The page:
More than 21,600 evacuated from Afghanistan on Monday, per the latest count from the Defense Department. In addition to 12,700 flown out on military aircraft, another 8,900 took civilian or military flights from partner countries, blowing past the military’s estimated 9,000-a-day capacity.

A flight took off roughly every 45 minutes, according to the Maj. Gen, Hank Taylor, deputy director of the Joint Staff for regional operations, for a total of 32 C-17 Globemasters and five C-130 Hercules. With an unknown number of Americans and Afghans to evacuate before the end of the month, agencies on the ground are hoping to keep up the pace.

“That’s definitely the plan,” Pentagon spokesman John Kirby told reporters.

DoD is tracking about 63,000 evacuations total since late July, 58,000 of those since Aug. 14.

Troops heading out

Meanwhile, U.S. troops have begun leaving HKIA, Kirby said in a statement issued Tuesday evening.

“We can confirm reports of the departure from Afghanistan of several hundred U.S. troops,” Kirby said.  “These troops represent a mix of headquarters staff, maintenance and other enabling functions that were scheduled to leave and whose mission at the airport was complete.  Their departure represents prudent and efficient force management.  It will have no impact on the mission at hand.”

Kirby added that the departures were not a sign that “the retrograde of our non-combatant operation in Afghanistan” has been ordered … “nor would it need to be ordered at this stage in the operation.”

The mission, said Kirby, “remains the same, and as you heard from the President today, it remains on the same timeline.  We are focused on evacuating as many people as we can before the end of the month.  The Secretary and military leaders are drawing up contingency plans should there be a need to reconsider this timeline.  No such decision has been made.”

Commanders on the ground, he said, “are empowered to make any adjustments they see fit, when they see fit.  That includes changes to the footprint.”

Ramped up effort

Though Pentagon officials have said since the operation began that they had more than enough aircraft capacity, the slow ramp up of evacuations was mostly due to the ability of people to get to the Kabul airport and be processed.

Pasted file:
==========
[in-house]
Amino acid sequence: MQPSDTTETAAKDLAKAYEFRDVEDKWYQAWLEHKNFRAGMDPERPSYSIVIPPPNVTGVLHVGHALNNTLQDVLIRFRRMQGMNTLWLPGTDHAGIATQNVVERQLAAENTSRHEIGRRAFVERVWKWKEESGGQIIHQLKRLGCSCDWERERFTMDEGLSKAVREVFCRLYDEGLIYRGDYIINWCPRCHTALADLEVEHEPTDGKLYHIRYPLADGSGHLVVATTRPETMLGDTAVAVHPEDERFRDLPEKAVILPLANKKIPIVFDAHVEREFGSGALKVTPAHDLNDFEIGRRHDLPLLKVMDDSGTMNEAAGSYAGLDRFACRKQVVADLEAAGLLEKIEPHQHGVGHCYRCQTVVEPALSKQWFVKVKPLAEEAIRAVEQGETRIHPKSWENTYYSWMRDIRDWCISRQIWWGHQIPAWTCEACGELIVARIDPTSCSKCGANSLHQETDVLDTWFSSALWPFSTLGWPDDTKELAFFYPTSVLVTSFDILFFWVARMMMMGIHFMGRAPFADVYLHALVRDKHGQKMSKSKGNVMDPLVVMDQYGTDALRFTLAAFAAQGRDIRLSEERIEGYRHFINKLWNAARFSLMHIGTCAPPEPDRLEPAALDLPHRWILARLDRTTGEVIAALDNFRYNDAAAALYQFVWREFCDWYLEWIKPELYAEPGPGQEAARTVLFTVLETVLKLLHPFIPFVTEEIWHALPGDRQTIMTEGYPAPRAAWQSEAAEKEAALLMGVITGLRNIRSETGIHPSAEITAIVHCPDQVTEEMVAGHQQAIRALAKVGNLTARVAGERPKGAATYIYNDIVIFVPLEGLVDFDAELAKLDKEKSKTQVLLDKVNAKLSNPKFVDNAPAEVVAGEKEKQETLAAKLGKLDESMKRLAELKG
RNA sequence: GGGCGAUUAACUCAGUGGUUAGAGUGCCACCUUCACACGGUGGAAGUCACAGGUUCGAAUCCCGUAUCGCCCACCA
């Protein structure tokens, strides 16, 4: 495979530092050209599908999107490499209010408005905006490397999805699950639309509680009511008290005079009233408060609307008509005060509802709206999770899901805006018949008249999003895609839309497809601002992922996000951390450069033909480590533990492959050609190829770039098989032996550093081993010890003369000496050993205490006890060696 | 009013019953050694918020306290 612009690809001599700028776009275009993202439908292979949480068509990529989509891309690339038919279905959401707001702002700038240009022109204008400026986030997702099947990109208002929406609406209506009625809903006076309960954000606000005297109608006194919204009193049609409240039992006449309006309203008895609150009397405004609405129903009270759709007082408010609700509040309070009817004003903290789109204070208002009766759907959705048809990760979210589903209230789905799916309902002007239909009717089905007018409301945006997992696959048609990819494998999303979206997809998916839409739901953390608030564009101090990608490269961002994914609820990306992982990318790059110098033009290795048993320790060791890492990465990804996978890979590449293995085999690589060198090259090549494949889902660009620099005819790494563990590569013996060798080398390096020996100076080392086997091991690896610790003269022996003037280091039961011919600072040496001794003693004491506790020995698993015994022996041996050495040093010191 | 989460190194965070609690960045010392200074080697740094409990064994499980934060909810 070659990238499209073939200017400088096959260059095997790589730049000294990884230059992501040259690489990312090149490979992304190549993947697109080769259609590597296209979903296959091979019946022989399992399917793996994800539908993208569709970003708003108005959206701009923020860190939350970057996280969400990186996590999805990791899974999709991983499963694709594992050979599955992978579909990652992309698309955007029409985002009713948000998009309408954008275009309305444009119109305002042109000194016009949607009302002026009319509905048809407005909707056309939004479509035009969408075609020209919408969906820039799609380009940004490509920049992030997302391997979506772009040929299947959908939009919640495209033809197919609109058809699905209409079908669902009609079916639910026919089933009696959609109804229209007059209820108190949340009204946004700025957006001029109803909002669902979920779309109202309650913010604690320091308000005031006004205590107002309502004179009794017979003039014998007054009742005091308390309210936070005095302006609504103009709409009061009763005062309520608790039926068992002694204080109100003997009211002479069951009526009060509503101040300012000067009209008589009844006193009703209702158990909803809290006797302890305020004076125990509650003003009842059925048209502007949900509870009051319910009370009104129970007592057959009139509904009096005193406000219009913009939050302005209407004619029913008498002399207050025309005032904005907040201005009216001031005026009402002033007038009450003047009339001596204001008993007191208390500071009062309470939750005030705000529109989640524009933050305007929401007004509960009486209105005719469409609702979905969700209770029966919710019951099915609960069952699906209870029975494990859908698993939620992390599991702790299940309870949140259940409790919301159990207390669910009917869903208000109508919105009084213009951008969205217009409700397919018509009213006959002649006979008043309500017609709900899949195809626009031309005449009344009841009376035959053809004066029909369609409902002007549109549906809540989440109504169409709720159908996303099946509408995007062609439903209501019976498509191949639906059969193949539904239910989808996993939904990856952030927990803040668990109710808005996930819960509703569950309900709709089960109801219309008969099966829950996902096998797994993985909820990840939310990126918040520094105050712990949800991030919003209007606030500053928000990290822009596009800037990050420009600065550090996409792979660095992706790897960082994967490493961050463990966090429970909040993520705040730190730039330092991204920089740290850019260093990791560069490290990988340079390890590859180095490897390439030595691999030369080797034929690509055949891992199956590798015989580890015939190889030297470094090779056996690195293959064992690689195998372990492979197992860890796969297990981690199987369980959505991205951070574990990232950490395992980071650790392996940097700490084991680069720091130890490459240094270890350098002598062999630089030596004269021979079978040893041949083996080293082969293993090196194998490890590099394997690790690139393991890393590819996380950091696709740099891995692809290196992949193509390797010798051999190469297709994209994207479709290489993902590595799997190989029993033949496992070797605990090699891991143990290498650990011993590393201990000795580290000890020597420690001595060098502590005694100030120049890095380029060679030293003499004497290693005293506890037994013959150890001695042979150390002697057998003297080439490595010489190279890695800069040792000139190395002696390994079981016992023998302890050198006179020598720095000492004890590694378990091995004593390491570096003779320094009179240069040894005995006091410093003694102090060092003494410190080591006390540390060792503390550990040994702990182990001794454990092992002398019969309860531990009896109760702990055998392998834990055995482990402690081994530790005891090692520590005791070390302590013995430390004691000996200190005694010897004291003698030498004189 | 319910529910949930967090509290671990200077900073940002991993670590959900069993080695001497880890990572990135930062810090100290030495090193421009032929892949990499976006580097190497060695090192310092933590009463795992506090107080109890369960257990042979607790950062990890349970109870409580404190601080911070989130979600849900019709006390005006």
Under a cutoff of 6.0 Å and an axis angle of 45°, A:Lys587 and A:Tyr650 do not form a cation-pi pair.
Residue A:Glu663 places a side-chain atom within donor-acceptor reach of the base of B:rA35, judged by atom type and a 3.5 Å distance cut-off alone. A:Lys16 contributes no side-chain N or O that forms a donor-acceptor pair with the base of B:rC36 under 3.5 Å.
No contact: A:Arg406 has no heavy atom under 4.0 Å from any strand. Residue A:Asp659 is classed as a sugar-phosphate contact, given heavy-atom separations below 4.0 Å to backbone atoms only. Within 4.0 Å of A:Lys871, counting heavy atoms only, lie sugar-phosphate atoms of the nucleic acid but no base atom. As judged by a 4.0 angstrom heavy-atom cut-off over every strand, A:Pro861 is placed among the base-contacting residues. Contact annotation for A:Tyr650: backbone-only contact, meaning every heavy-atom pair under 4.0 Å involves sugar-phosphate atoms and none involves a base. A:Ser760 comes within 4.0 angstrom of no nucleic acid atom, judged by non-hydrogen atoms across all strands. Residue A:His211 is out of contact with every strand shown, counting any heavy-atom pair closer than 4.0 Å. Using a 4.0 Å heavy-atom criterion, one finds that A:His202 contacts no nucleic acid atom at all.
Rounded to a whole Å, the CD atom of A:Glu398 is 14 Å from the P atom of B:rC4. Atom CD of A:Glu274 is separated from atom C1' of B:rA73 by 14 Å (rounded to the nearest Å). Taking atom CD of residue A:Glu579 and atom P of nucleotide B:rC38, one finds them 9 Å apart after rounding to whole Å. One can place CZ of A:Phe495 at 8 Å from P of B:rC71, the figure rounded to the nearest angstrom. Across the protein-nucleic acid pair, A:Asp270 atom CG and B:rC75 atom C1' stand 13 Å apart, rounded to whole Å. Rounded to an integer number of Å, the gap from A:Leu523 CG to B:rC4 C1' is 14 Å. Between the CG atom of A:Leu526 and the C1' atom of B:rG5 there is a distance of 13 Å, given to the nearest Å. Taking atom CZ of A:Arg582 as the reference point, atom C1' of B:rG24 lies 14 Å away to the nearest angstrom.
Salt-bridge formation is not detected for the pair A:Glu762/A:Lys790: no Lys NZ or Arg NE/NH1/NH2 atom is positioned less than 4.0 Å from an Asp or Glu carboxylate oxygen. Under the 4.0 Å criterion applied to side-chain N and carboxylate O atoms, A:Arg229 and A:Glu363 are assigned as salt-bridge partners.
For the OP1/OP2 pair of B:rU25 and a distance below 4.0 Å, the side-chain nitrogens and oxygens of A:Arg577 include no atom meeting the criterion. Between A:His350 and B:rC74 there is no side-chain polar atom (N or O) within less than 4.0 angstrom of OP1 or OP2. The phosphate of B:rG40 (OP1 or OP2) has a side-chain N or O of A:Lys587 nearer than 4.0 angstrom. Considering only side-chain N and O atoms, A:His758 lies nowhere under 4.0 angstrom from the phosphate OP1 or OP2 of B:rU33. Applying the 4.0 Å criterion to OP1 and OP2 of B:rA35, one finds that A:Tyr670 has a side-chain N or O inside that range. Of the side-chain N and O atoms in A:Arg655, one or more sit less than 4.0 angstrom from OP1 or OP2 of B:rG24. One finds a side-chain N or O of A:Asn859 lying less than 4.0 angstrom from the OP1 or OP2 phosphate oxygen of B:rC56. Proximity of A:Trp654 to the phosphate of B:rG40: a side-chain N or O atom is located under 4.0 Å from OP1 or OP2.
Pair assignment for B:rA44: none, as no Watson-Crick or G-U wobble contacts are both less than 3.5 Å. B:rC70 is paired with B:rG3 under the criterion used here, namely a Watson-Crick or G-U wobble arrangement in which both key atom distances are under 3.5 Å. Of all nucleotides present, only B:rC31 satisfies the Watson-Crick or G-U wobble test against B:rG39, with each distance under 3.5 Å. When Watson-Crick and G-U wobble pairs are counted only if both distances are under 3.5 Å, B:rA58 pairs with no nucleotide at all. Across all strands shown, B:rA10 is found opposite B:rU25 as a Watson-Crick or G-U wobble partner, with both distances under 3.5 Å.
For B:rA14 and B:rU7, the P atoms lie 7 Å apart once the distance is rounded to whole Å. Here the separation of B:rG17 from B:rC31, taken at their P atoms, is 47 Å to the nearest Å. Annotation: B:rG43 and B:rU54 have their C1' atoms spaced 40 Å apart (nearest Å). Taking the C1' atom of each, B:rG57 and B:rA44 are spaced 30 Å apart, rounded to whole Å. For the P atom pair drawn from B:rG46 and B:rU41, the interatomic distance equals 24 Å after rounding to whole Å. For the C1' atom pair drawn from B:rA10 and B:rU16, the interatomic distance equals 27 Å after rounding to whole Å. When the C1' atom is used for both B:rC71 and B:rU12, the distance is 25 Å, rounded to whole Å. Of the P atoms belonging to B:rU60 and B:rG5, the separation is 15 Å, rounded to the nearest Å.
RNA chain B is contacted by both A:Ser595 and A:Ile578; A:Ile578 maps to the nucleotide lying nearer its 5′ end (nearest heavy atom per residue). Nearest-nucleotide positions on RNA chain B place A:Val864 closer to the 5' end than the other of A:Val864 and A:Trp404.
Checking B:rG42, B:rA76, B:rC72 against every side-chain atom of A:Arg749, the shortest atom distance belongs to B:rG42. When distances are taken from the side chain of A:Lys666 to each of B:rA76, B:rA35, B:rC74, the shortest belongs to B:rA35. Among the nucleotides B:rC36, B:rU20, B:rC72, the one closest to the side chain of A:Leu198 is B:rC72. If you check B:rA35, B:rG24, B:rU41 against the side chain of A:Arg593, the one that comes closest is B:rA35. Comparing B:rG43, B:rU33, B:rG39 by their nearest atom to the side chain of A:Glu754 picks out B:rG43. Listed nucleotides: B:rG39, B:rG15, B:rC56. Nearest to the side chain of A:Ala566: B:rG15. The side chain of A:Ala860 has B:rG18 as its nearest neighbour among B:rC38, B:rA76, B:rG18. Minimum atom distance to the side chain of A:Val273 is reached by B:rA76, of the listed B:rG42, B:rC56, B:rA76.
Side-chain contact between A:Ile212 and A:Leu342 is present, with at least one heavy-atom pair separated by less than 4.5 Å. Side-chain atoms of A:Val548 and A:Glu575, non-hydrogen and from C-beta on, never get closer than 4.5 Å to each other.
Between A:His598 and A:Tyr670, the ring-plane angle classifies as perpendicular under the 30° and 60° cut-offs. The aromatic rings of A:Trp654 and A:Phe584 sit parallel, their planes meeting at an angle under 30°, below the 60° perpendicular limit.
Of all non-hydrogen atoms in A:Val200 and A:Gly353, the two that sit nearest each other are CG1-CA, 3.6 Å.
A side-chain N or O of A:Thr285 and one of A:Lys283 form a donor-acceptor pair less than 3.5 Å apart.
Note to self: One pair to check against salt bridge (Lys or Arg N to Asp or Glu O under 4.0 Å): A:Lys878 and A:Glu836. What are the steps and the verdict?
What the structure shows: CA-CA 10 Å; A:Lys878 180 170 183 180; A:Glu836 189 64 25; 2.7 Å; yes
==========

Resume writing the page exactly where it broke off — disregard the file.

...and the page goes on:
That has been going more smoothly, officials said.. As of Tuesday morning, there were about 5,000 evacuees at the airport waiting to be evacuated, with sites both in the Middle East and Europe where Afghans will be processed before resettling in the United States or partner countries.

“The continued ability to inform, and get the word out, of how to get into the gates, where to come,” Taylor said, including bringing the right documentation, has helped increase the number of people gettin gout. “The processing of those, not only through the gates, but the processing internally on Kabul by our troops that are there, continues to become more efficient.”

And while there are still many reports of people waiting in line for hours, sometimes coming back multiple times and still being refused, officials said the crowds outside are smaller, and the panic has died down.

“The crush of those first few days has reduced, as more order and structure around the airport has increased,” Kirby said.

Officially, the U.S. has seven more days to get out as many people as possible, though President Joe Biden has hinted that the mission could continue until every willing U.S. citizen has gotten out.

“I’m not going to get into a specific tick-tock,” Kirby said of the next few days, as military and State Department personnel will have to shift from in-processing new evacuees to packing themselves up and flying out for good.

That will take “at least several days,” Kirby said, though there’s been no timeline announced for the end of the drawdown.

Meghann Myers is the Pentagon bureau chief at Military Times. She covers operations, policy, personnel, leadership and other issues affecting service members.

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